Gripen flight school in 2013


    Ray Maota

    Saab Aerospace, with state-owned Denel and UK defence systems supplier BAE Systems, developed an integrated helmet-mounted display system for the South African version of the Gripen, known as the Cobra.
    (Image: Saab South Africa)

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    South Africa will receive the first group of student fighter pilots of the Gripen Fighter Weapon School in late 2013 after Swedish company Saab confirmed its intentions to fund the project.

    The South African Air Force (SAAF) base in the Overberg in the Western Cape will be the training ground for the new recruits.

    Magnus Lewis-Olsson, president of Saab South Africa, said the first group of pilots will be chosen from the five countries where the Gripen is currently being used.

    “There is a need to establish an advanced training centre for experienced Gripen pilots with the aim to increase their operational capabilities,” he said. “There is also an opportunity for the pilots to operate in an environment different from their own and a chance to train in a region that mirrors a realistic future potential deployment scenario.”

    Saab, which makes the Gripen, has been in existence for 75 years, but has only been operating in South Africa for the last 13.

    Perfect training space

    According to Saab, the extensive airspace over mountain ranges, deserts, and the Atlantic and Indian oceans provides the perfect space for fighter pilot training.

    The course will run for two months and will focus on multiple aspects, with the advanced airborne exercises to be mixed with academic and survival training in an African context.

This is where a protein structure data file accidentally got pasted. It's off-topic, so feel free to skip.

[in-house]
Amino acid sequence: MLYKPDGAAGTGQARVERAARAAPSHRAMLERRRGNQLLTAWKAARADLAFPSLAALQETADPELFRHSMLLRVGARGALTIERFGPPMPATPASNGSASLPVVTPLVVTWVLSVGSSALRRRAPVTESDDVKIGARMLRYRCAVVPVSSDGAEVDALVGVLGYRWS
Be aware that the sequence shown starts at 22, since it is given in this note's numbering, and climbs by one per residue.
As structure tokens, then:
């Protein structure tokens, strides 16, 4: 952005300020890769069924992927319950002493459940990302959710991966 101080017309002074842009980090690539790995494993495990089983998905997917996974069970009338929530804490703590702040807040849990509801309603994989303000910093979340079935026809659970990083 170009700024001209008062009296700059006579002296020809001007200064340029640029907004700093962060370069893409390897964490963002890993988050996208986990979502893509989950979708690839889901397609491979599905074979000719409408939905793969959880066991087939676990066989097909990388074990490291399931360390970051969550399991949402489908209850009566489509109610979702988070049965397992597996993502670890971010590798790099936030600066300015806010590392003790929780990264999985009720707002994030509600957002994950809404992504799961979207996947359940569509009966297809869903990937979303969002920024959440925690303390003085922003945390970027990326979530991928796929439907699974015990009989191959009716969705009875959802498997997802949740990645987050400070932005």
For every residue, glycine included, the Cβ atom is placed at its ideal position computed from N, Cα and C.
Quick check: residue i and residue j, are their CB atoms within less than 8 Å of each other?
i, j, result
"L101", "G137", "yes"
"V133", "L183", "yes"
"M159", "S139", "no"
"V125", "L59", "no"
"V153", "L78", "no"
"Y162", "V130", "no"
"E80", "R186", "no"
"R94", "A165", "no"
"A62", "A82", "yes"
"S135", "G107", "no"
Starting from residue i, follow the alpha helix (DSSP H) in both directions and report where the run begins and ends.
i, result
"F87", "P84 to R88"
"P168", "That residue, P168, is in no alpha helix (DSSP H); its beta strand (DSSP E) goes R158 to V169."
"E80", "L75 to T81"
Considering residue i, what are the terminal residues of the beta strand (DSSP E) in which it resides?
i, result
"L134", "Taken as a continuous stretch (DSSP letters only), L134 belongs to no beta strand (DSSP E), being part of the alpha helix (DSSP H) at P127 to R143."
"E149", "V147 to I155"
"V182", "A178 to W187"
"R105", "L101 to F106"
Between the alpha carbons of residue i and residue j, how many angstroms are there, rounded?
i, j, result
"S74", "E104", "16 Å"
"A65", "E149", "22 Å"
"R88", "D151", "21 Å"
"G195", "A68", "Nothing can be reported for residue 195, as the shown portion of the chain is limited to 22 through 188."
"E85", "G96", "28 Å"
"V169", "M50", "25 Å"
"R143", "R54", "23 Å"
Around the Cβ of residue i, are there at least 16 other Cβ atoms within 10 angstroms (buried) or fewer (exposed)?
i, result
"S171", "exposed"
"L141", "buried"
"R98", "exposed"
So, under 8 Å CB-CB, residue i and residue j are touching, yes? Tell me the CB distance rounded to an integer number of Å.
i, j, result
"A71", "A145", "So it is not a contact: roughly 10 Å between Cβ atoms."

“The school will increase our understanding between the different Gripen operators and our own efforts to create a common software baseline as the pilots will cross reference their experience of Gripen,” said Lewis-Olsson.

    New threat scenarios will also form part of the training, and these will help increase the students’ operational capabilities by providing experience in tactical behaviour that differs from their national standard operating procedures.

    “The school will teach pilots the skills they need before they go on a major exercise, or into combat, and in a few years we’ll get into more advanced air-to-air training with some sort of aggressor aircraft.”

    He added that although the school hopes to take in a few students for its first course – six or seven – if this is successful the number could later grow to 20.

    “We could also offer the facilities for other uses like the Nato Tactical Leadership Programme for instance,” said Lewis-Olsson.

    The Gripen system

    According to Saab, the SAAF became the first export customer for the Gripen system in 1999, receiving the first aircraft in 2008.

    The agreement comprised 17 single-seater and nine two-seater aircraft, together with a comprehensive industrial cooperation programme that includes skills training and technology transfer.

    The aircraft’s cockpit is equipped with a Saab Avitronics EP-17 electronic display suite, along with three multifunction displays and a wide-angle head-up display.

    Saab Aerospace, together with state-owned Denel and UK defence systems supplier BAE Systems, went further to develop an integrated helmet-mounted display system for the South African version of the Gripen, known as the Cobra. This is a binocular system that displays both air-to-air and air-to-ground weapons symbology, as well as basic flight data.

    Major Catherine Labuschagne of the SAAF completed her maiden solo flight in the Gripen Jas 39C in October 2010, becoming the first woman fighter pilot ever to fly the supersonic aircraft.